EU budget deal still within grasp - Cameron

LONDON Mon Nov 26, 2012 9:01pm GMT

Britain's Prime Minister David Cameron holds a news conference at the end of an EU leaders summit discussing the EU's long-term budget at the European Union (EU) council headquarters in Brussels November 23, 2012. REUTERS/Eric Vidal

Britain's Prime Minister David Cameron holds a news conference at the end of an EU leaders summit discussing the EU's long-term budget at the European Union (EU) council headquarters in Brussels November 23, 2012.

Credit: Reuters/Eric Vidal

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LONDON (Reuters) - Britain believes European Union leaders can still reach a deal to secure a long-term budget after talks collapsed last week, but spending must be cut by billions of euros if London is to back the plans, Prime Minister David Cameron said on Monday.

In comments that will appeal to rebellious anti-EU lawmakers threatening his authority and voters who see Brussels as a wasteful "gravy train", he demanded cuts to European officials' wages, pensions and perks.

"We do believe a deal is still do-able. It is in our interests to get a deal. But that deal cannot come at any cost," Cameron told parliament after EU leaders failed to agree the 2014-2020 budget, worth 1 trillion euros (811.2 billion pounds).

Cameron has played up support he received from Germany, Sweden, Finland, the Netherlands and Denmark for his calls to limit spending, seeking to avoid the isolation and hostility that often characterises Britain's fraught European relations.

Britain will seek to "galvanise a coalition of like-minded countries" to curb spending, he added.

Facing a rising tide of anti-EU feeling in Britain, Cameron is under pressure to control Eurosceptics in his ruling Conservatives after they sided with the opposition Labour Party to defeat him in a parliamentary vote seeking EU cuts.


Adrift from Labour in the polls, Conservatives fear rising support for the UK Independence Party (UKIP), which wants Britain to leave the EU, could hit them at national elections in 2015.

Concerns that UKIP, which has no seats in parliament, could steal Conservative votes prompted one of Cameron's senior legislators on Monday to propose an election pact.

Under the plan, Cameron would promise to hold a referendum on Britain's membership of the EU in return for UKIP not fielding candidates against Conservatives, also called the Tories.

Cameron's office distanced itself from the idea and UKIP rejected the pact.

"No deals with the Tories: it's war," said UKIP leader Nigel Farage. His party received 3 percent of the national vote in 2010.

However, it finished well ahead of Cameron's pro-European coalition partner, the Lib Dems, in a by-election this month, taking a 14 percent share.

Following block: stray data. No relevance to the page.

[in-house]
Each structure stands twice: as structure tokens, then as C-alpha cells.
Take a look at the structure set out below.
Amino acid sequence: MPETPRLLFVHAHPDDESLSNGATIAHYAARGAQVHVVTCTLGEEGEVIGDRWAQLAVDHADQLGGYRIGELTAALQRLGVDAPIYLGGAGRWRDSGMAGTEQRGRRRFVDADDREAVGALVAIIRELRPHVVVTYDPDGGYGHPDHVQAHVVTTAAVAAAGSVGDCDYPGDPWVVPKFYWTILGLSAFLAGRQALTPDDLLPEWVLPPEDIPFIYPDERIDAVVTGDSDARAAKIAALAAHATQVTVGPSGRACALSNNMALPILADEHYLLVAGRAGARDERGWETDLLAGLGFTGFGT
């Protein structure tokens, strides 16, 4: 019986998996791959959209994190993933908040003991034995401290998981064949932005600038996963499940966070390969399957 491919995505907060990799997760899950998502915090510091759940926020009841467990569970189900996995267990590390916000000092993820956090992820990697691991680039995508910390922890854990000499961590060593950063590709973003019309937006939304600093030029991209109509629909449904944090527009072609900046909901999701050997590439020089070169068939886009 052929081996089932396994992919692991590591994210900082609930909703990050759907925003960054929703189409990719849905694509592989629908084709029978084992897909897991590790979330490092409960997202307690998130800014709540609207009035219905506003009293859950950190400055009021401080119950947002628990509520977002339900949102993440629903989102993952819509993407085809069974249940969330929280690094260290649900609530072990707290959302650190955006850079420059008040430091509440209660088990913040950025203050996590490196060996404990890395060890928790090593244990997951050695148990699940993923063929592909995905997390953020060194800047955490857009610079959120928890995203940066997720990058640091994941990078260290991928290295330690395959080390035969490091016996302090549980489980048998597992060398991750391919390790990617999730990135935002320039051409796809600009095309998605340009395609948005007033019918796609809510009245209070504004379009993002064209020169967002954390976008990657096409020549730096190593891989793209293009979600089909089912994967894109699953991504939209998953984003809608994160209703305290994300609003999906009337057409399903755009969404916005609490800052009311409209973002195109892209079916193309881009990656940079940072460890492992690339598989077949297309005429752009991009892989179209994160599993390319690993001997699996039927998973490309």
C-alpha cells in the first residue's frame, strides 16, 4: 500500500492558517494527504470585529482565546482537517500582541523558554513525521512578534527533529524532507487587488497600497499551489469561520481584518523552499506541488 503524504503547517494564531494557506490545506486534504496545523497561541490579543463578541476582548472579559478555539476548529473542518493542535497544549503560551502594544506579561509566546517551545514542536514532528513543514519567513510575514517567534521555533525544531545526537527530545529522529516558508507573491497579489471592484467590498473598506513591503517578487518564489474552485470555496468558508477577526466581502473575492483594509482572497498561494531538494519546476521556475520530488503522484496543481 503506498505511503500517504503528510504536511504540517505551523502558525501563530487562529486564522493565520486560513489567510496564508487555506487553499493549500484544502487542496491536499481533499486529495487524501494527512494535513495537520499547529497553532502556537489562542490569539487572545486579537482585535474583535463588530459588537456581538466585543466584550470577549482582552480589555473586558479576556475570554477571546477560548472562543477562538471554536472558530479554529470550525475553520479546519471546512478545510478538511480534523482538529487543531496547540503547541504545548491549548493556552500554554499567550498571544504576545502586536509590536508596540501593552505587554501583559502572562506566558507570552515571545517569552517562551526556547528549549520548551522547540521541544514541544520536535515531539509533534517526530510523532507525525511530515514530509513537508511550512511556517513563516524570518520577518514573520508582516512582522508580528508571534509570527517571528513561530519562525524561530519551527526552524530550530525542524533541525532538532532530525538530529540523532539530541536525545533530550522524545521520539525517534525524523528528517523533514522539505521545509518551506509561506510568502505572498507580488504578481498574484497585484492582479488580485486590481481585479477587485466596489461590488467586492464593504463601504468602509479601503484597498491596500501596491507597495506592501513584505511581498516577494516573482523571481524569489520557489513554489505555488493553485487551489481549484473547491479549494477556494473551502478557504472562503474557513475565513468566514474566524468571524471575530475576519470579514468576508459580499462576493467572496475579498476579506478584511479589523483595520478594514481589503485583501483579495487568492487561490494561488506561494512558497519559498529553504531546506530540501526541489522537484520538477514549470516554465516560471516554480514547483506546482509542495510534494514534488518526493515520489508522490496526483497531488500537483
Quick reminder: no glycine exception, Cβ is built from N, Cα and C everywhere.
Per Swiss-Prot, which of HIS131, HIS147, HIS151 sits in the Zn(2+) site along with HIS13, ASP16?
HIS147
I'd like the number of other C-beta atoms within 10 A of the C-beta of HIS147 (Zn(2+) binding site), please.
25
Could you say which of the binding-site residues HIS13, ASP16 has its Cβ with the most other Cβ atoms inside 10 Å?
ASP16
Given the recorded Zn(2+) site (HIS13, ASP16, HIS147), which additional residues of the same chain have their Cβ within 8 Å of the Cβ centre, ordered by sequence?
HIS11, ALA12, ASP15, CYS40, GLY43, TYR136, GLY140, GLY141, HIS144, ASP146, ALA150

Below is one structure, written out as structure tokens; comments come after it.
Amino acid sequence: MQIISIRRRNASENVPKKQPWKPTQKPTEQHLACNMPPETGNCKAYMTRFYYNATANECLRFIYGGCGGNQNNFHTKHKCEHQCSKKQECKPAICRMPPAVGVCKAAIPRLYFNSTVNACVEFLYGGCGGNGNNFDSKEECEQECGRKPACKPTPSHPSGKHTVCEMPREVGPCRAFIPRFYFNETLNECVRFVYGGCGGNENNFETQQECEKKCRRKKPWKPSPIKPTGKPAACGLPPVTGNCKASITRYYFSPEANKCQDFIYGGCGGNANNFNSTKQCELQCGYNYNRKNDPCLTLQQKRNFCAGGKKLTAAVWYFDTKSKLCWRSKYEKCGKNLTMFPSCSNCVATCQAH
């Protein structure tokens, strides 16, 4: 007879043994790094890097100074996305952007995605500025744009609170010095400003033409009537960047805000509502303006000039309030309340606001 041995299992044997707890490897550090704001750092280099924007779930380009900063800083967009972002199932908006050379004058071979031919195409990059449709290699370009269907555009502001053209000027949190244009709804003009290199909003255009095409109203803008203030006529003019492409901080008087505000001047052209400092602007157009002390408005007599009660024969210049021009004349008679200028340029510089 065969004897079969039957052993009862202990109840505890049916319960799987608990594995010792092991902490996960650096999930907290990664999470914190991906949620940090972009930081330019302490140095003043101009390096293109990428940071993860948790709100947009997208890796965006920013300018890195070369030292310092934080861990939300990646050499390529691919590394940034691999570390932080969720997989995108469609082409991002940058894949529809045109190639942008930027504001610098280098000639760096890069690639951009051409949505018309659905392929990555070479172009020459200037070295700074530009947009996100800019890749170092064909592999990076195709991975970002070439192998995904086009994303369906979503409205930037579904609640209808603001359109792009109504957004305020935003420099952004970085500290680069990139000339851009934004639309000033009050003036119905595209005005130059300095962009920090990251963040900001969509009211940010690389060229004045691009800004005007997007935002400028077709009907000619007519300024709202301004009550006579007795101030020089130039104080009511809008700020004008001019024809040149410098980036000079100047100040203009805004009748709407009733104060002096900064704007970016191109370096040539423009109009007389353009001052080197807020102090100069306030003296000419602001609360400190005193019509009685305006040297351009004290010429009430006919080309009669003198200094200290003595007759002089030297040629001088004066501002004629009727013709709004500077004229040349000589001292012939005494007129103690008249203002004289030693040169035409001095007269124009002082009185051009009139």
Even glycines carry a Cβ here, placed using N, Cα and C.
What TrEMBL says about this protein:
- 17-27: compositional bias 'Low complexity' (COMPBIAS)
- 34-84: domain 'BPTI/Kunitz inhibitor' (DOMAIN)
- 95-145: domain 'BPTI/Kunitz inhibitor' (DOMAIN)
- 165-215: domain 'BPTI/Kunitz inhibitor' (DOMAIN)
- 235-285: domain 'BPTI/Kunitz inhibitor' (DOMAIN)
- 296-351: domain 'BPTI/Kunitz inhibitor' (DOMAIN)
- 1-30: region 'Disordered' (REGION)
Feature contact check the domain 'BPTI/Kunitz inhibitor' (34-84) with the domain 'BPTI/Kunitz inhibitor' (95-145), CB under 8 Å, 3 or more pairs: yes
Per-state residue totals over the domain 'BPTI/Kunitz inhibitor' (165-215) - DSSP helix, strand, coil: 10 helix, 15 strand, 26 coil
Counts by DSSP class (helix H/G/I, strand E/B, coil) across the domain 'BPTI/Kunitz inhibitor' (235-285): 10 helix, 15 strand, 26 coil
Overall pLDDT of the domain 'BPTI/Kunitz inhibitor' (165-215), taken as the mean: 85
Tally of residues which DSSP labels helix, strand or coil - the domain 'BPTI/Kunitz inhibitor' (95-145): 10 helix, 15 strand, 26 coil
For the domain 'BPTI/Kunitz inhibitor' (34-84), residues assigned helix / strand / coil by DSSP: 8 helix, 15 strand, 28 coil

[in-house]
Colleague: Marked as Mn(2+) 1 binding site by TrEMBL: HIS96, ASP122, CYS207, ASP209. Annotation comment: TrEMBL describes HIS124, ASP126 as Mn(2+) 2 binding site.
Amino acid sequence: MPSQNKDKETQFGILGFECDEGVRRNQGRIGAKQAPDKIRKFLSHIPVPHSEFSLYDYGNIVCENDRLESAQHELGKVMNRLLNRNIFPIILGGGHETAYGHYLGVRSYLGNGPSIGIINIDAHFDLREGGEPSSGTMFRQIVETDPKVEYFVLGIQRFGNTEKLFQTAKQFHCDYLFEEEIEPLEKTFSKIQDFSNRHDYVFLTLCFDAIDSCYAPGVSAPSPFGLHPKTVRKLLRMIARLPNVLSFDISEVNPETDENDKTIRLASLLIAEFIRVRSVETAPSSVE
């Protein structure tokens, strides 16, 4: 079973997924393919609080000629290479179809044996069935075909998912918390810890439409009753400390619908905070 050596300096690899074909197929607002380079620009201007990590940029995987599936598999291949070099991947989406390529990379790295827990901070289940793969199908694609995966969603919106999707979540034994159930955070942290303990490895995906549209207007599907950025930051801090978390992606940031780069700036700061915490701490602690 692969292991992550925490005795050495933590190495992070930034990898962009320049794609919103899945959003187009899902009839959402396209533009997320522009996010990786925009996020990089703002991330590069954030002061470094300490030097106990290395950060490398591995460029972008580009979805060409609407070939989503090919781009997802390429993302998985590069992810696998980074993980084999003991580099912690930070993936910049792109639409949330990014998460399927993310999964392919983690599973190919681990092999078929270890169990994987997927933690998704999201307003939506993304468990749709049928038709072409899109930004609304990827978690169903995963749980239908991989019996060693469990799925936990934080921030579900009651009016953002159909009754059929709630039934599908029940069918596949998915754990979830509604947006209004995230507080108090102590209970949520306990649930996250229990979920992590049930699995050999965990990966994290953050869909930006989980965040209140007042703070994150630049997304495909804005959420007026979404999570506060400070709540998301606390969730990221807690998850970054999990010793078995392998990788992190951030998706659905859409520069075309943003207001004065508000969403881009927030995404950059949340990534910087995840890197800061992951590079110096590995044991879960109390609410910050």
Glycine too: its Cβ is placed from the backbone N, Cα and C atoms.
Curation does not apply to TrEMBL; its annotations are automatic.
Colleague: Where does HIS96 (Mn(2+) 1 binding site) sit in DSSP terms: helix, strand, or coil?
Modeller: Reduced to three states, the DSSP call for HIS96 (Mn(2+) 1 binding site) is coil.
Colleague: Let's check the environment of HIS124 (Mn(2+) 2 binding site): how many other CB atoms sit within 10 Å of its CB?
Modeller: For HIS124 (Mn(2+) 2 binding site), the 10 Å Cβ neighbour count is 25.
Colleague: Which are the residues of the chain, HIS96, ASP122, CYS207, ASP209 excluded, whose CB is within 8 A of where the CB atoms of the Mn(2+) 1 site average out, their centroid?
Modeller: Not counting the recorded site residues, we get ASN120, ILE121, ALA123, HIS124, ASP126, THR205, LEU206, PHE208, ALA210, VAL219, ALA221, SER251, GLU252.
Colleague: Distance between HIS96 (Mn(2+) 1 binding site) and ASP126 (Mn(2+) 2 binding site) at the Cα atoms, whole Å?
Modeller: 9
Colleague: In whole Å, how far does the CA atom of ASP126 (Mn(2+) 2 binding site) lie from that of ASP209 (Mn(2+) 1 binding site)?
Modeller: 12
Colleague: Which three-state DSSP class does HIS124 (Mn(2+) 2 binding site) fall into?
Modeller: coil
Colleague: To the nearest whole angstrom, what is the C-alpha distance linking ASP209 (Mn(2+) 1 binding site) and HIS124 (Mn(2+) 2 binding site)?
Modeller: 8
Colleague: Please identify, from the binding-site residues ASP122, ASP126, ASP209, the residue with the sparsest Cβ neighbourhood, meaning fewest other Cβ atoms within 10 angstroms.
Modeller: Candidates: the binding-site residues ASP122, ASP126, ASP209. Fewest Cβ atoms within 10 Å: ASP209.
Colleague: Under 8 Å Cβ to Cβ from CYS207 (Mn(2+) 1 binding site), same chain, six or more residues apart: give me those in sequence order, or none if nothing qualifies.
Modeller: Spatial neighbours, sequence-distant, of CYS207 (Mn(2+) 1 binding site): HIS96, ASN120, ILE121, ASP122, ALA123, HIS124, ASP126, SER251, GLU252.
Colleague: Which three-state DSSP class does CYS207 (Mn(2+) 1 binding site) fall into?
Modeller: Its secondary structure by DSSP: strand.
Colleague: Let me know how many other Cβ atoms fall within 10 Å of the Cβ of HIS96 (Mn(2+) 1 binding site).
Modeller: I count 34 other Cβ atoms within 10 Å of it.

Cameron received support on his EU position from an unexpected source - Conservative Mayor of London Boris Johnson.

An outspoken EU critic seen as a possible future challenger to Cameron, Johnson withdrew his support for a referendum on whether Britain should stay in the EU or leave.

Cameron, who wants to stay inside the EU, also opposes a so-called "in/out" vote on Europe and has talked instead of seeking voters' consent for a new EU role for Britain.

"The Tories are as split today as they've ever been," wrote Tim Montgomerie, editor of the influential ConservativeHome website. "Anything less than an in/out vote won't remove the dagger from the Tory throat that is known as UKIP."

(Additional reporting by Tim Castle; Editing by Sophie Hares)

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Comments (2)
Raymond.Vermont wrote:
The EU budget is a Federal Budget for Europe… (plain and simple)

What the UK Govt needs to do (in my view) is disconnect itself with the concept of Federal European Courts having primacy over British Law and more importantly the British Parliament.

Areas of immediate concern would be the ECHR appearing to have assumed a quasi-govt like role, which is a mandate it does not have and well beyond its remit. The UK needs to downgrade the primacy of such a court over its own parliamentary decisions.

Nov 26, 2012 10:08pm GMT  --  Report as abuse
Raymond.Vermont wrote:
UKIP is an effective pressure-point campaigning party, but I am not convinced that they are a effective vehicle to vote for within a General Election within the UK.

Where UKIP could really wield great influence is by it dedicating itself and its resources, to the European Elections in June 2014.

Great successes there, will give it a greater leverage within the UK Parliaments policy making body. UKIP needs to get people committed to voting for it within the MEP selection process, and allow it to do its magic from inside of the European Parliament.

Nov 26, 2012 10:15pm GMT  --  Report as abuse
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